The passing of Carrie Fisher this week plucked a somber chord on my heartstrings, a good bit sadder than most of the other icons we’ve lost this year. I saw the original Star Wars seven times the year it came out, and it didn’t take long to figure out that Princess Leia was a major reason why.
Sure, every adolescent boy had a crush on the strong-willed rebel royal. Why wouldn’t we? She was beautiful, fiery, and compassionate. But she was also strong. Incredibly strong. A princess who, if left alone, would eventually have rescued herself. So sure, I had that same boyhood crush on the character Fisher brought to life so well. But I had just dipped my toe into the waters of writing fiction at that age, and Carrie Fisher’s amazing portrayal set a tone in my heart that would affect my writing–and my life–for years to come.
You see, Princess Leia was one of the first widely accepted “strong female characters” out there. She shot a blaster with the best of them, exerted her royal will like a champion arm wrestler exerts their strength. And Fisher–whose personality was much like the character she portrayed–brought that to life like no one else at the time could have. She showed the world that women could not only be as badass as men, but could be more so. And could do it with a grace and beauty that most men could not begin to achieve. And Fisher handled everything in her life that way, from addiction to mental health issues. She faced them all, blaster in hand, and fought her way through.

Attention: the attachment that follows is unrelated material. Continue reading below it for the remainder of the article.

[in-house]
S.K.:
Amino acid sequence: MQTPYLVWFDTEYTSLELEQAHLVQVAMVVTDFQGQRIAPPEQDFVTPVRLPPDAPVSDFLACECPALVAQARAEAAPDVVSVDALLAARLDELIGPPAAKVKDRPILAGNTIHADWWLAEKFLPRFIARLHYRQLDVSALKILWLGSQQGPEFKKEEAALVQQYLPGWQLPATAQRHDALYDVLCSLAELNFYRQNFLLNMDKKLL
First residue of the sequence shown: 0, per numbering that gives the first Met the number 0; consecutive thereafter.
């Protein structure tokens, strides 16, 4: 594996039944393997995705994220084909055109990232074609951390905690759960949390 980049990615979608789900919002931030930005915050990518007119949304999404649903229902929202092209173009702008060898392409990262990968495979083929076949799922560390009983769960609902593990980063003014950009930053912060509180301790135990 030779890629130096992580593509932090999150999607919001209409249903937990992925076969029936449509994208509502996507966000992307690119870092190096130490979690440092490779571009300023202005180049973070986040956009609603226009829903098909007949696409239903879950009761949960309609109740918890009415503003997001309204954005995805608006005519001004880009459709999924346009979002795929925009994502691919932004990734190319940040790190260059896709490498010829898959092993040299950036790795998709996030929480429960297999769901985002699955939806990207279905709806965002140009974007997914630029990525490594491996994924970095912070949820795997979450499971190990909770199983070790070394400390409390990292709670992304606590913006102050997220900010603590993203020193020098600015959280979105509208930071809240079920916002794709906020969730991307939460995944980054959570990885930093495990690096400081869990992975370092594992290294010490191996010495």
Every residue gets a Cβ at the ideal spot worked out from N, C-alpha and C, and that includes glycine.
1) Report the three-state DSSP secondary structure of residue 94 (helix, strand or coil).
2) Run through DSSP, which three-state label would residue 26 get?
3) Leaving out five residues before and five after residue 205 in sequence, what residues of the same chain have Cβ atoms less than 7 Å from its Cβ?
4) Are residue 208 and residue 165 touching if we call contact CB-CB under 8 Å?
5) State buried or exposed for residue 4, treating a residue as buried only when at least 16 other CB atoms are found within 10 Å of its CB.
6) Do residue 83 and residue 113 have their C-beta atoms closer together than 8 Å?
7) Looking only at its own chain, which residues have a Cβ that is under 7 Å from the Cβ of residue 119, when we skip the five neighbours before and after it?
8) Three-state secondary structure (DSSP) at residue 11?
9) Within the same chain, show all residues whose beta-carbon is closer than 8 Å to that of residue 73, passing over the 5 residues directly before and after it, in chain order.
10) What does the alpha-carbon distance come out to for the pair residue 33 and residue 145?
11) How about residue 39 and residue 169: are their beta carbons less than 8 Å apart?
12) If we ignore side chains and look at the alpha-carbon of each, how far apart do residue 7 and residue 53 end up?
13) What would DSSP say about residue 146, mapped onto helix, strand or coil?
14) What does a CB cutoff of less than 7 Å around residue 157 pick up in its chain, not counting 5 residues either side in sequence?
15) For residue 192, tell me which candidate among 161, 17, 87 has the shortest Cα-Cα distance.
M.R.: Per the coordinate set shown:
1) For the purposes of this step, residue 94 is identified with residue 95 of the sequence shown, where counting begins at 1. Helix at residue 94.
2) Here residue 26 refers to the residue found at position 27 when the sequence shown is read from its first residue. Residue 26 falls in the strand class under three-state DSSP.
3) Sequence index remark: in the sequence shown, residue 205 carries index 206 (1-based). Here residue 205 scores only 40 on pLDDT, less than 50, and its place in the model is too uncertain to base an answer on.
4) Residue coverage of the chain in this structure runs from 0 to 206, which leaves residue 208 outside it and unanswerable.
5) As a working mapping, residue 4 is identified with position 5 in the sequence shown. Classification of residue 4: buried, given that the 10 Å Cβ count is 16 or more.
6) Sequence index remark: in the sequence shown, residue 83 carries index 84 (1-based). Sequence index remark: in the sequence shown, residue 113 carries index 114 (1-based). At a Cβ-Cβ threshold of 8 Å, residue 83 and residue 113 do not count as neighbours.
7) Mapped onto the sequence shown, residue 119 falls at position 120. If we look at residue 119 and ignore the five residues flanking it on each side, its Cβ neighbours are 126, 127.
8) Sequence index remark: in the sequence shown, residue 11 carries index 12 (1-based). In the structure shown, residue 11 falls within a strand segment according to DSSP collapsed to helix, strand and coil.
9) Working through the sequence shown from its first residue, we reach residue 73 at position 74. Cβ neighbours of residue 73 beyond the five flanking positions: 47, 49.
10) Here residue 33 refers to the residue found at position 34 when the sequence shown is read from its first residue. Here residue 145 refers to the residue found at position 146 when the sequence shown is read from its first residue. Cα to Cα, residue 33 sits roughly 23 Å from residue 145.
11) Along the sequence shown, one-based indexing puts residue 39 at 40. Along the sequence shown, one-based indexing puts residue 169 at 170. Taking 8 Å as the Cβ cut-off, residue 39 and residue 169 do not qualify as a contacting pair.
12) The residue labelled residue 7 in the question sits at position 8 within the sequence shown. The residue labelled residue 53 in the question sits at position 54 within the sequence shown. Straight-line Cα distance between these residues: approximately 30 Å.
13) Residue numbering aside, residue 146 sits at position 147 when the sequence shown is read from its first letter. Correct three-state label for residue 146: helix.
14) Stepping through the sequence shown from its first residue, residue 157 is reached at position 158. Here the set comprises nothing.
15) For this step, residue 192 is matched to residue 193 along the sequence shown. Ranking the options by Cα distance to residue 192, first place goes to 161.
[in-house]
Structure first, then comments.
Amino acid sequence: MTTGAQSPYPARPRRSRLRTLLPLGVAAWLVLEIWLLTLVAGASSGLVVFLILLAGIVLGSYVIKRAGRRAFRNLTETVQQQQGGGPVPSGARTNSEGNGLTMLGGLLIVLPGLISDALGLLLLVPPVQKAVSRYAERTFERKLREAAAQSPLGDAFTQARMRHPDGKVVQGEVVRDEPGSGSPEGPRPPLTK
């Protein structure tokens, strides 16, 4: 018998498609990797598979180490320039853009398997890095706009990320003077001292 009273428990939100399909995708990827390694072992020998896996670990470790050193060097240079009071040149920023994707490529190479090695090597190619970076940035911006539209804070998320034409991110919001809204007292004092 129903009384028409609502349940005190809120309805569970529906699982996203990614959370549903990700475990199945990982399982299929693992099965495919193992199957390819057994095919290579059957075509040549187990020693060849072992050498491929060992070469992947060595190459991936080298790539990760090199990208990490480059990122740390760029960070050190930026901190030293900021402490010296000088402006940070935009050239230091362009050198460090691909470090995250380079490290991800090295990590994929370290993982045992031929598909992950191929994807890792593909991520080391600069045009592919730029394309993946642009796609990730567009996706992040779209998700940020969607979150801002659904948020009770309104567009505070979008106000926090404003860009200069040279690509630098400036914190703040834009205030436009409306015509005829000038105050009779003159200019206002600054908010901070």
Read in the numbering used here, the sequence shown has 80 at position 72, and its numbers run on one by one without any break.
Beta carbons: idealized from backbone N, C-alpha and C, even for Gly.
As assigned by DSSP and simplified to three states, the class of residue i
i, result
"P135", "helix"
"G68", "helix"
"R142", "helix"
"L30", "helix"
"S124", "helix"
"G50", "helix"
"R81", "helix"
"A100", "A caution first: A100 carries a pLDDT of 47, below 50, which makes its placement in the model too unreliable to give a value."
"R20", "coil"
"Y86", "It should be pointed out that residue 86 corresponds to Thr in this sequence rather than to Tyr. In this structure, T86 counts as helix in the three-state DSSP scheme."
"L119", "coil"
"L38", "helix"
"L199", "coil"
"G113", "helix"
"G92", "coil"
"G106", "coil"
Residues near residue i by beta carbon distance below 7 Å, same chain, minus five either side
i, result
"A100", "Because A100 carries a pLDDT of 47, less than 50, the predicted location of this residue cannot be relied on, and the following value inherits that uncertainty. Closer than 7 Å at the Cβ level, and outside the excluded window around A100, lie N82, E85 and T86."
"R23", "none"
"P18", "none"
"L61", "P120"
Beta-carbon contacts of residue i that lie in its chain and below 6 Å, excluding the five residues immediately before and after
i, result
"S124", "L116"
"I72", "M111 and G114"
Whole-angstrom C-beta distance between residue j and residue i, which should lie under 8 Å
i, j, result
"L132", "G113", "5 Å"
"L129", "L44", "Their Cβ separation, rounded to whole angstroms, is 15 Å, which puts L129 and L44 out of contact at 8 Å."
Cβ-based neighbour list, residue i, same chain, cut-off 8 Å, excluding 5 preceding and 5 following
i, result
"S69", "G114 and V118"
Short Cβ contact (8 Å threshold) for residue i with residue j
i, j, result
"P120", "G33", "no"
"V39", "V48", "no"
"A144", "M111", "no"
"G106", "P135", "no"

So Carrie Fisher’s performance sparked in my mind a strong affection for women of strength. From that moment forward, I admired women who could put anyone–myself included–in their place. Women who didn’t need a man to rescue them, and could tussle with the best the male gender had to offer.
This bled over into my life as a military professional. Women were just starting to be more integrated in the military in the 80s, and some guys had trouble working with them, much less for them. Not me. Most of the bosses I remember fondly are women. Anytime they showed a little spark of that Leia strength, anytime one of them showed charisma, grit, or power, it wasn’t foreign to me. It was a trait I’d already learned to admire. In fact, when it came time for me to retire from the military, I chose a female colonel for whom I had a ton of respect to officiate my ceremony.
But Leia’s strong personality fused with my writing, too. When I was fourteen, I started writing my first fantasy novel. (No, you may not see it. Ever. Never ever ever ever. No.) A portal fantasy, it took a male protagonist from our world and dropped him in a medieval fantasy world where he was alone and clueless. The first person he met in that world was a redheaded woman on the run from the king’s justice, a woman who not only defeats four men in armed combat during her opening appearance, but through sheer strength of will, makes the protagonist face and defeat his own inner demons.
And most of my stories since–no matter their genre–have featured strong female characters. Women who don’t really need Luke or Prince Charming or anyone else to rescue them. I don’t think I’ve ever written about a woman held hostage in a tower, or waiting for a man to come rescue her. Why? Well, because that’s not what Leia would do.
So losing Carrie Fisher–and now, as I write this learning her mother Debbie Reynolds has also passed–draws more than a few tears from me. We toss around the word “icon” pretty freely these days, but Carrie truly was an icon. And she left an indelible mark on my writing and my life. She will be missed.